By Caroline Vandergriff

DALLAS (CBSDFW.COM) – The new Texas law banning abortions after about six weeks of pregnancy is still standing after the Supreme Court declined to block the measure.

It went into effect on Sept. 1.

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“This is very exciting for the pro-life movement,” said Ashley Leenerts, a legislative associate for Texas Right to Life.

The anti-abortion group, which advocated for the new law, is celebrating, while advocates say they are struggling to understand why the Supreme Court allowed the restrictions to stand.

“I know our staff are feeling disheartened, overwhelmed, angry, sad,” said Kelly Hart, the senior director of public affairs with Planned Parenthood of Greater Texas.

The state has become the first in the nation to successfully implement a fetal heartbeat law.

Abortions are now banned after one can be detected, which typically happens around six weeks, before many women even know they’re expecting.

Providers say it impacts at least 85% of the abortions taking place in Texas.

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The new law gives private citizens the right to sue a person they believe is providing an abortion or helping a woman get one.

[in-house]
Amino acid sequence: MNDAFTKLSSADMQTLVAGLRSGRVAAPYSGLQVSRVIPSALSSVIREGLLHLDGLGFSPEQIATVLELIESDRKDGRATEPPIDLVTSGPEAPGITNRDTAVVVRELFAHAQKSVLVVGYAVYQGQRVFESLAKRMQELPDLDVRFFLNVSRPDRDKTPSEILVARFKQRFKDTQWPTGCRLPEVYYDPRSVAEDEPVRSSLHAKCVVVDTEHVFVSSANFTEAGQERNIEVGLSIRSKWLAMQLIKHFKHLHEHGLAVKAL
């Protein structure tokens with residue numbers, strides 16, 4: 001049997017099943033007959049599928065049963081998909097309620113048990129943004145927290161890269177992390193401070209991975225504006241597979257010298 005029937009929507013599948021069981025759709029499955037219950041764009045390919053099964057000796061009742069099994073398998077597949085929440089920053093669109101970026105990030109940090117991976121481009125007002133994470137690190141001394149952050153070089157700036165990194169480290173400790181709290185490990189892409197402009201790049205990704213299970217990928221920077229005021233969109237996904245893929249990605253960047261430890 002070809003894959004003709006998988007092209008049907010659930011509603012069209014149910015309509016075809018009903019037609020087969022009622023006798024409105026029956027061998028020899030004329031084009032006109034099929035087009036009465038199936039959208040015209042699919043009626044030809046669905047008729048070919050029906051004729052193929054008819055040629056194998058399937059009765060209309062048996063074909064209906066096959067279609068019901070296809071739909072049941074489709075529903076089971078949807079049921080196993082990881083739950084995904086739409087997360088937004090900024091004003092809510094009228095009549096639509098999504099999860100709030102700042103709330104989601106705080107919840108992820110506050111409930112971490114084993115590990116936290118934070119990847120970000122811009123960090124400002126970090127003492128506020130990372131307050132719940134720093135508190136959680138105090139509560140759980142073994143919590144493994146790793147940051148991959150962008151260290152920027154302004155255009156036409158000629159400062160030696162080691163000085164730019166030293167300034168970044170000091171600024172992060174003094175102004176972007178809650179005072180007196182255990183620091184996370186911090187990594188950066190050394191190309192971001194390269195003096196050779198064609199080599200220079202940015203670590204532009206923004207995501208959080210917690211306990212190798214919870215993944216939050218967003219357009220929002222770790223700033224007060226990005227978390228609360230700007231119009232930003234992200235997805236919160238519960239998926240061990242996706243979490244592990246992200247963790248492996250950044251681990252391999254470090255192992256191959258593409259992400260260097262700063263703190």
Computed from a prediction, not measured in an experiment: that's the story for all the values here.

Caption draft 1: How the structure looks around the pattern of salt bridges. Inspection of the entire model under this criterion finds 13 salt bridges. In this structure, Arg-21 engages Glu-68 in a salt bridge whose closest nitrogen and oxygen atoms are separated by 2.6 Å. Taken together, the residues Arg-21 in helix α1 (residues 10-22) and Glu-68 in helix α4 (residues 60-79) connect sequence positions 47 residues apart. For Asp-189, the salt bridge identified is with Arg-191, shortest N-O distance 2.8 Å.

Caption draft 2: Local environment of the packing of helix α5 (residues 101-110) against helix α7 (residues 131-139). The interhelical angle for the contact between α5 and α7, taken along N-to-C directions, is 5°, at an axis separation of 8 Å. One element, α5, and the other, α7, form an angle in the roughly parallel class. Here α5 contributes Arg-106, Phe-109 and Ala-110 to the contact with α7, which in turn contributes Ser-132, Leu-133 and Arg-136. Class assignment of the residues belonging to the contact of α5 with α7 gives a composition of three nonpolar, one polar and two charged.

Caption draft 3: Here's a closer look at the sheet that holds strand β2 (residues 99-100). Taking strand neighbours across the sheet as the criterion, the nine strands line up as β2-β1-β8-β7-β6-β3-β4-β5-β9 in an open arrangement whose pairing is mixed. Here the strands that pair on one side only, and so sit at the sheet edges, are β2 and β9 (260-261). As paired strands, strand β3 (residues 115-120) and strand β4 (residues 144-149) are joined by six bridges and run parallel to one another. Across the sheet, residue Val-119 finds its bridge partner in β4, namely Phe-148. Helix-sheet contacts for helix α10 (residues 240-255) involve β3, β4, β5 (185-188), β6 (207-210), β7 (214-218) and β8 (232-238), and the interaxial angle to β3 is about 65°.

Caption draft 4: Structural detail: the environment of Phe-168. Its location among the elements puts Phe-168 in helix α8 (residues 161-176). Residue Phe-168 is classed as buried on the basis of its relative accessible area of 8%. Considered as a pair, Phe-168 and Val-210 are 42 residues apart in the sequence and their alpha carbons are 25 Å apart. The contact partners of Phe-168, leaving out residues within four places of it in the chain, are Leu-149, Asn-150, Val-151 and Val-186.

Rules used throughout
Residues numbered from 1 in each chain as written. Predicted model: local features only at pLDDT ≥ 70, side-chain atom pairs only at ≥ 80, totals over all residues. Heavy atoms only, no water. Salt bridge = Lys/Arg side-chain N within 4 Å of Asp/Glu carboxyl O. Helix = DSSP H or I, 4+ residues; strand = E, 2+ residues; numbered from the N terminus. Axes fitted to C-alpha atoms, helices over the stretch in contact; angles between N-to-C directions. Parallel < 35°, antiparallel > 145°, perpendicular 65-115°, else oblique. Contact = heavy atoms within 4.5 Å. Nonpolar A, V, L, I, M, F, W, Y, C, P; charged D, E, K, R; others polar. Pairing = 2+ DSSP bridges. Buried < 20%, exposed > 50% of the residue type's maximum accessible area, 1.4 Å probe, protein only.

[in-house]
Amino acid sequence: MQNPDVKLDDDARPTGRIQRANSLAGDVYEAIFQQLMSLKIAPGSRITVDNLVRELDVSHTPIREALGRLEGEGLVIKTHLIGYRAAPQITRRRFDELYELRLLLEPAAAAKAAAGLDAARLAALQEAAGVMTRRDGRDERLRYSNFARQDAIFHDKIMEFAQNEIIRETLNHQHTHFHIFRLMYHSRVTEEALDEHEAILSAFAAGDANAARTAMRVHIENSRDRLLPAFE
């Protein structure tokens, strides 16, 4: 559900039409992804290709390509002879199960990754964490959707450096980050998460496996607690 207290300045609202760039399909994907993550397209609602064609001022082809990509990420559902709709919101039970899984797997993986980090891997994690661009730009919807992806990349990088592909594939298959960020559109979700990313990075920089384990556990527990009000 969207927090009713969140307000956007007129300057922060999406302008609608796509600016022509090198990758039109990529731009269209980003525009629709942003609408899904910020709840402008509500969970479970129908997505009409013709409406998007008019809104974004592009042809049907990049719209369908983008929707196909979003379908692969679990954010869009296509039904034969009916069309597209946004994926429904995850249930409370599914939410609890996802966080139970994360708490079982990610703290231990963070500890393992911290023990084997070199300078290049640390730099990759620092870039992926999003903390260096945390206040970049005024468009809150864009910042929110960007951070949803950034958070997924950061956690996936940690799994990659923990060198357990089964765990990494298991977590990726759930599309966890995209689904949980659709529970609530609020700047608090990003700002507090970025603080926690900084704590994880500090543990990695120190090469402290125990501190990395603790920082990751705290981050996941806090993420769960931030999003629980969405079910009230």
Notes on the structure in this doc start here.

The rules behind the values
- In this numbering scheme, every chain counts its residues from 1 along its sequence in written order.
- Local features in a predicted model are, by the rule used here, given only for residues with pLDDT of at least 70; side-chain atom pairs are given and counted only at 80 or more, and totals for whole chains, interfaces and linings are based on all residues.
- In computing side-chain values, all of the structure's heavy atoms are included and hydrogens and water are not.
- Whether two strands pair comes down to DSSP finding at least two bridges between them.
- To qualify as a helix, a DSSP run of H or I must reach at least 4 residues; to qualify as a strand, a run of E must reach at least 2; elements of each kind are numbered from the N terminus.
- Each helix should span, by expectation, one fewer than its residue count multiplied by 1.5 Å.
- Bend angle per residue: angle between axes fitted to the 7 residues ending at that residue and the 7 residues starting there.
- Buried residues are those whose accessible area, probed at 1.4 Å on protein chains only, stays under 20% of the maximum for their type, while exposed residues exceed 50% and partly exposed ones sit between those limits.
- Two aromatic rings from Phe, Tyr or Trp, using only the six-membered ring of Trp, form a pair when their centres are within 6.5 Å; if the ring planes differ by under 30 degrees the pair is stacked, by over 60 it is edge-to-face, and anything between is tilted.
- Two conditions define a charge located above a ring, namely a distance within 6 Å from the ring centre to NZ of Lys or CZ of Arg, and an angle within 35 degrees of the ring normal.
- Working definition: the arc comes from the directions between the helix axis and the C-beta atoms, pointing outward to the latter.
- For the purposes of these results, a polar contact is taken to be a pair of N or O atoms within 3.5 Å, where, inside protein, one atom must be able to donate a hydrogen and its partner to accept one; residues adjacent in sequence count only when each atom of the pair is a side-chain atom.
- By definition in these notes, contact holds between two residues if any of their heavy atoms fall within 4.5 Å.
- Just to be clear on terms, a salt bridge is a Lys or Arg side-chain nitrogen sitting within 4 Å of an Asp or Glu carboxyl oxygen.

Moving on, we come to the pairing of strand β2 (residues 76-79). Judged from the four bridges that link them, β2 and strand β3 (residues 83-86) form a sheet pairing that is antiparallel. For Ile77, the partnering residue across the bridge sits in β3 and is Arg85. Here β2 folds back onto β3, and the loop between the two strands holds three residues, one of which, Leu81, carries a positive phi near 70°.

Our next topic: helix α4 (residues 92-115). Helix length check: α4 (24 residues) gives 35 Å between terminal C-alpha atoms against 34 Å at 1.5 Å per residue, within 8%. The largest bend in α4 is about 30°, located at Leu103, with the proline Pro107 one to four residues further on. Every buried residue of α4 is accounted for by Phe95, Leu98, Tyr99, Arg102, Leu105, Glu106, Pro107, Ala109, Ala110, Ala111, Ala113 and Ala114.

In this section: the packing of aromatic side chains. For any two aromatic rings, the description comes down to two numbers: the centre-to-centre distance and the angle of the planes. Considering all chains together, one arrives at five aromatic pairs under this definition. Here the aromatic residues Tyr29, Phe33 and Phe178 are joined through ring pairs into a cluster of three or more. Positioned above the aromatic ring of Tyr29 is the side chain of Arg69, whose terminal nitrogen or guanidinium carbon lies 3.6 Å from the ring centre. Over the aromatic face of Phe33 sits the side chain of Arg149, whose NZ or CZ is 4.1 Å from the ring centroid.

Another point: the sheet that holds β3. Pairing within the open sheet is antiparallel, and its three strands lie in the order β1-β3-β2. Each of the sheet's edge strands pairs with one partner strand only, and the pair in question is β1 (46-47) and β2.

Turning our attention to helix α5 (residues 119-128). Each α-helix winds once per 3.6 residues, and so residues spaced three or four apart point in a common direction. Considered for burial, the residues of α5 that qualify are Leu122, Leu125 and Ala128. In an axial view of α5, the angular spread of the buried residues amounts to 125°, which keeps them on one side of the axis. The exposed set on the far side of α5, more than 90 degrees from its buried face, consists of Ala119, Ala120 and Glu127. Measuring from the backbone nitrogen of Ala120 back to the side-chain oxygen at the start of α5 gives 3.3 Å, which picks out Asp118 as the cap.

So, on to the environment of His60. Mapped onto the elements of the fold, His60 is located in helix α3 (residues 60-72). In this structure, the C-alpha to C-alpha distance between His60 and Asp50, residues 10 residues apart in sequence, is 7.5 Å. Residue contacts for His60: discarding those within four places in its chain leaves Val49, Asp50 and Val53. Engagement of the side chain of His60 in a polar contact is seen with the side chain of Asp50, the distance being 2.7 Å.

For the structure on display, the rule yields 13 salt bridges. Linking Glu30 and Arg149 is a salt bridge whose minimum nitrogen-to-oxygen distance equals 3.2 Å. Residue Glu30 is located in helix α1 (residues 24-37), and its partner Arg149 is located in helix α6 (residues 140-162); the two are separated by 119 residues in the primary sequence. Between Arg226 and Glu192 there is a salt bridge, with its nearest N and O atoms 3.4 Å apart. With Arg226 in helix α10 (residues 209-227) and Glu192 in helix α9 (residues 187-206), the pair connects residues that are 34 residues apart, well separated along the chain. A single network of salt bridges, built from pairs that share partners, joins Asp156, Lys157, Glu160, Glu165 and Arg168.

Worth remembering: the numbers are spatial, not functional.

That enforcement measure is what makes this law different from previous attempts.

“We’re the first state to have this become enforceable and the Supreme Court’s ruling is very encouraging that we could be possibly changing where the pro-life movement is going in the future and starting to protect more of our most vulnerable in our nation,” said Leenerts. “…Hopeful other states will be able to use this rubric and create their own heartbeat laws and protect their babies.”

Abortion care advocates say the fight is far from over.

“This is the beginning of a long legal process, and we are committed to seeing it through and doing everything we can,” Hart said. “I don’t know what it’s going to look like, but we’re going to still be here.”

Right now, abortion clinics in North Texas are open in order to provide other health services for women and abortions when they are legally able to do so, but it’s unclear how long they’ll be able to keep the lights on with the future of abortion in Texas so uncertain.

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When the state tried to enact more restrictions on abortions in 2013, the law was eventually struck down by the Supreme Court, but it shrunk the number of abortion clinics in the state from more than 40 to 19 by 2016.

Caroline Vandergriff